DIY Alignment Equipment; maybe not as good as hoped by Argess

By diyauto
( 1 )

DIY Alignment Equipment; maybe not as good as hoped 

Compliments of Argess @


Here’s three suspension/alignment DIY projects that may be of interest. Or at least good for a laugh! Although they all work, none are particularly successful when consideration is made to accuracy and ease of use. But they were fun to make and I learned a few things.

Wheel Weight Gauge

A while back, I became somewhat interested in corner weight balancing. I found it somewhat confusing as there appeared to be two different points of view in performing the calculations. Fred Puhn, in his book “How To Make Your Car Handle” (1981) prefers setting the left front to rear ratio the same as the right front to rear ratio. The current, and predominate method, is to target for a 50% cross weight balance.

I thought I’d like at least see what my corner weights were, and that would take a set of scales. A little investigation showed them to be too expensive for probably a one time use, so I looked at other possibilities. It was suggested to me to look into building one of those home-made lever units, utilizing an old brake or clutch cylinder and a pressure gauge. Here’s one type:

I didn’t like it much, as trying to maintain the tire “just off the floor” as well as trying to read a small gauge with my far-sighted vision, wasn’t for me. So I came up with another idea, sort of like a mini-engine hoist. Here’s the basic idea in a theoretical sketch:

The lever length is adjusted so the pressure gauge will read twice the weight (but of course in psi).

Now I had one guideline to follow with all this (besides Safety), and that was minimum expense as if it didn’t work, I didn’t want to be out much money. My only real expenses were the bottle jack ($16) and the 2000 psi pressure gauge ($13). As you can see in the picture below, it looks quite odd, but a lot of that is I used what I had... bits from an old broken exercise machine, old rusty flat plate and angle iron, old nuts and bolts, etc. I even painted it, and the spray can came from an unknown history (can’t remember why I bought it many years ago).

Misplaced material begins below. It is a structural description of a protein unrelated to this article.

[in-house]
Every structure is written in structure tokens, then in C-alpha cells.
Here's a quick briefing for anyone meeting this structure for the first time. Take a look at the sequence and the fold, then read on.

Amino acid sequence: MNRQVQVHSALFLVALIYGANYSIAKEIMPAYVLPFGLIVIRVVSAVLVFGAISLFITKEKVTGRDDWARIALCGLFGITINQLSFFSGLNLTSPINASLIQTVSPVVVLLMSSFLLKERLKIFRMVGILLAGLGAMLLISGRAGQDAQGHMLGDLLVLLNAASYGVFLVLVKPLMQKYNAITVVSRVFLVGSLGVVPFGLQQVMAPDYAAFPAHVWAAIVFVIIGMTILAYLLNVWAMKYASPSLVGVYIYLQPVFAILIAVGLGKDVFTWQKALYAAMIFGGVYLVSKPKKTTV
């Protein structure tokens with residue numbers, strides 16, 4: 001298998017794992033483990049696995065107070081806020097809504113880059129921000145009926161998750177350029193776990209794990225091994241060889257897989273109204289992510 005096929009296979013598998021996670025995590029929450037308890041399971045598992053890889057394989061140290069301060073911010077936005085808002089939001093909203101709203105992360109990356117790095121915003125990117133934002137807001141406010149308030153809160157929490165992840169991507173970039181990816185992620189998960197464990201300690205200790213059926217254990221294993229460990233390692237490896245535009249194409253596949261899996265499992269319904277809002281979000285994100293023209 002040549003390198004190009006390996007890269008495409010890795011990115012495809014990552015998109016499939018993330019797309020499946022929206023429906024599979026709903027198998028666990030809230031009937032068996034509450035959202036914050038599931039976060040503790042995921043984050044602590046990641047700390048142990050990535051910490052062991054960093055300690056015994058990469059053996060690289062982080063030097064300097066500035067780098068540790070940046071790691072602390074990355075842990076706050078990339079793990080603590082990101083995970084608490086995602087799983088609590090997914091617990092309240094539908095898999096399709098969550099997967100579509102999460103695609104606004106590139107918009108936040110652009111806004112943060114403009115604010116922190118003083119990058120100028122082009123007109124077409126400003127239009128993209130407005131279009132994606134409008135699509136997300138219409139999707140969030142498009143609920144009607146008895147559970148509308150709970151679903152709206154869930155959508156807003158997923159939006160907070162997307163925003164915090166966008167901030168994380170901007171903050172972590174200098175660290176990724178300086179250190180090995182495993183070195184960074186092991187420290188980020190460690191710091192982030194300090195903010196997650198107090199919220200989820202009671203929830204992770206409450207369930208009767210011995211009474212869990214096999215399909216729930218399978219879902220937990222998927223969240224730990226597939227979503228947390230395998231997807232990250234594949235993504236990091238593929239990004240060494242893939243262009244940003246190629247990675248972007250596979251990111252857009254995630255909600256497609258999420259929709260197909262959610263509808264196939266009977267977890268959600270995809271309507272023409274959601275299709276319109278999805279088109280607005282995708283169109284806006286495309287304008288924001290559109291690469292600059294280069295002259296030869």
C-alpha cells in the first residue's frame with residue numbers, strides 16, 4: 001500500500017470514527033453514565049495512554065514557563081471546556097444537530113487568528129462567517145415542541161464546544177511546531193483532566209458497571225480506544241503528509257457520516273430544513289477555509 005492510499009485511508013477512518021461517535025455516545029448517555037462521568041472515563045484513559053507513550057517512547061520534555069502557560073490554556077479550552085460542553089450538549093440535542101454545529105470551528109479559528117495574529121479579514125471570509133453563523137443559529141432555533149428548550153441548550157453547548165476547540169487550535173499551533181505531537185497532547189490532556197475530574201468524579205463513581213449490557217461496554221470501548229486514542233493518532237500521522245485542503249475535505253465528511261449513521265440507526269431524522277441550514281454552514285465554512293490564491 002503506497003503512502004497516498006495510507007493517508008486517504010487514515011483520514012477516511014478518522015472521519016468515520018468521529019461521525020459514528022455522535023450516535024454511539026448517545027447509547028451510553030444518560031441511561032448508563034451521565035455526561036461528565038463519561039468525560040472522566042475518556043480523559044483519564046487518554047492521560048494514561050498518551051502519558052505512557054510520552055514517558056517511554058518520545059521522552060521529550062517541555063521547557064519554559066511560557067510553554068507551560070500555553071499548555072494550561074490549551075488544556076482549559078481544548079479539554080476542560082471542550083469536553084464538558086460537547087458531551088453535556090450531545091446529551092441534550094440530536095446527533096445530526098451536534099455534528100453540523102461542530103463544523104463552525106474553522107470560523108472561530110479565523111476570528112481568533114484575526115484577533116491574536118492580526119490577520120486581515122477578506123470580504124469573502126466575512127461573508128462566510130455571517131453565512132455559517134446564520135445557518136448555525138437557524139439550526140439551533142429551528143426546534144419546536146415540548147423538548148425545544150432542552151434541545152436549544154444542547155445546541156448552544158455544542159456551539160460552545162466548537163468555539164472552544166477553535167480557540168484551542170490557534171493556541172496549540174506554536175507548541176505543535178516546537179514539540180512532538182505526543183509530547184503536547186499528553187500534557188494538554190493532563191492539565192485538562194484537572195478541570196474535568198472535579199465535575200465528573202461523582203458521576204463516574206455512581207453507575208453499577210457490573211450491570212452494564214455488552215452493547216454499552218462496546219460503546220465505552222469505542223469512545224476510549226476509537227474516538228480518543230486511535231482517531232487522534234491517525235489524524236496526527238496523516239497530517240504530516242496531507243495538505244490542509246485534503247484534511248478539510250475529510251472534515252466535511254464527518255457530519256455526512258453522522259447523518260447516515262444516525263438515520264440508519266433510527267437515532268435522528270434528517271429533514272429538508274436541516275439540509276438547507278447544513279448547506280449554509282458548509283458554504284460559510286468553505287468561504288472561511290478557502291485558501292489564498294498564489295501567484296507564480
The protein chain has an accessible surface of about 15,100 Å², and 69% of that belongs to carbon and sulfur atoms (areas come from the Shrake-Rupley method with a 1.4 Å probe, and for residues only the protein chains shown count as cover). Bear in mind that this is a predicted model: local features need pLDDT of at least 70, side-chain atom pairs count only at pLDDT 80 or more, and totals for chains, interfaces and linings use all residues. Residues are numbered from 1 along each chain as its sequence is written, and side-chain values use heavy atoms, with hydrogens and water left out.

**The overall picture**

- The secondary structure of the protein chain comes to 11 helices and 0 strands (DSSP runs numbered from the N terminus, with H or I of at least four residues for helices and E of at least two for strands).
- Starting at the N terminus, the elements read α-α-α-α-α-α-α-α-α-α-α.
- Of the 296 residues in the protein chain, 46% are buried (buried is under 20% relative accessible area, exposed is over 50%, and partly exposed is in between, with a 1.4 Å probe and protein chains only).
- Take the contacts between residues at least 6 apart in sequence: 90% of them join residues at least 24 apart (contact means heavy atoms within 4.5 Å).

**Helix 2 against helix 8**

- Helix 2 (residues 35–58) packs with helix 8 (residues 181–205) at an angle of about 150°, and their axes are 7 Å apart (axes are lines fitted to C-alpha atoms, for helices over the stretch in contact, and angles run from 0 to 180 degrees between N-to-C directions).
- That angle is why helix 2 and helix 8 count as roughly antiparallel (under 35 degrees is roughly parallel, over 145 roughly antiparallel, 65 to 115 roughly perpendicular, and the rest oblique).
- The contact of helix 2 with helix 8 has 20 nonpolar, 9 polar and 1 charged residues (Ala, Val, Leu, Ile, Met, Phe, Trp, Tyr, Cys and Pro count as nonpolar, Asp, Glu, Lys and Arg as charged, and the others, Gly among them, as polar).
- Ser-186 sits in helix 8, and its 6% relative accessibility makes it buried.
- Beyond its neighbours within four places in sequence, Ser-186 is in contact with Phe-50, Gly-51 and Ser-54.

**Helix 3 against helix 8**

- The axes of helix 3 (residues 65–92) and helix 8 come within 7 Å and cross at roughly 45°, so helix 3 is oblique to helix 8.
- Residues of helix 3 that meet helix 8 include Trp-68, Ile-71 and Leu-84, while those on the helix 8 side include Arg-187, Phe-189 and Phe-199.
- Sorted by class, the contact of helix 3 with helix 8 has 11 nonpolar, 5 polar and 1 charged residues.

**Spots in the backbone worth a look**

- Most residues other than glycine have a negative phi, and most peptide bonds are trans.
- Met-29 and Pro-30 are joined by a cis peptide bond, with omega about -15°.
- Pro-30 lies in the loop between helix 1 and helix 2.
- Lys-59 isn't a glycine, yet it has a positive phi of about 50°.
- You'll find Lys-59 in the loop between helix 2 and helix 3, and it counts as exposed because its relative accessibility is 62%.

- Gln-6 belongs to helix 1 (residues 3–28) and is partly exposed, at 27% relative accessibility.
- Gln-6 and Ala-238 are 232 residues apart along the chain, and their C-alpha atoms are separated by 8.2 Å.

(Please don’t look too closely at the welding….LOL)

In the next pic you can see how I modified the bottle jack, at least externally.

I did find a YouTube video on this type of thing, but I was a little bit misled by one part. The fellow says to measure the bottom of the hydraulic ram to find the cross-sectional area. This does not appear to be correct. The inside diameter of the cylinder should be measured instead, and the area calculated from that. In fact, as the area is proportional to the radius squared, it doesn’t take much error in your diameter measurement to put things out quite a bit. It is best to determine the effective area by test, and then use that to work out the lever lengths of the lifting arm. Here’s a link to the YouTube video:

In the next pic, you can see my little Corner Jack in use. Basically, I lift the tire off the floor, slide a piece of paper under the tire, and slowly lower the tire back down until the paper starts to feel tight to slide around. It’s like using a feeler gauge to check valve lash. (yes, the car is dirty with bug splatter, grime and other stuff!)

…and now comes the real problem. As you raise the tire, you also raise the whole car, and where do you stop to take a reading as the gauge just keeps reading higher the more you lift the wheel. The hope is because you are making the same error in every wheel, they will cancel out…. Well, that’s the hope anyway.

There’s a small problem with repeatability, mostly to do with the fact I didn’t grease or oil any of the pivot points yet, however it wasn’t bad as long as I always released the pressure until the paper felt friction with the tire, and didn’t try raising the tire until the paper became free.

Another issue is trying to make small measurements on the gauge. Not good as the gauge resolution in graduated in 50 psi increments (which equates to 25 lb increments of wheel weight). However, it’s not too bad judging partial readings.

I did make take some readings today, although they aren’t quite right as I didn’t disconnect the anti-sway bars. This is a very noticeable factor with the front wheels and the numbers are way too high. The rear suspension, with its much smaller sway bar yielded numbers closer to what is expected.

I know the numbers are way to high as if I add the total of all four wheels, I get more than the car is expected to weigh. This is a problem when jacking up a single wheel, although I expect better results with the anti-sway bars disconnected.

Here’s the results of my numbers. I calculated the Front/Back method using Fred’s book as a guide

I admit to getting lazy with the 50% cross weight method and used an on-line calculator which can be found here:

Corner Balance Calculator

I find it quite interesting that both methods yield such a close result. A change of 12.5 lbs per wheel with Fred’s method and 11.9 with the cross weight method.

In either case, the results looks pretty good, although more variance may show up once the anti-sway bars are disconnected.

The odd thing to me, is it seems sort of senseless to make the measurements with the driver (me) or equivalent weight, in the car for public road use with a two-seater car. Because the driver and passenger weight can change, I think it‘s best to corner balance with no-one in it. I seem to remember Des Hammill saying more or less the same thing in his Suspension book for Sports and Kit Cars.

Because the driver and passenger weight can change so much, I would suspect the 12.5 or 11.9 lbs is probably negligible. I’m sure it’s a different story for the track, but I don’t think I‘ll ever do that.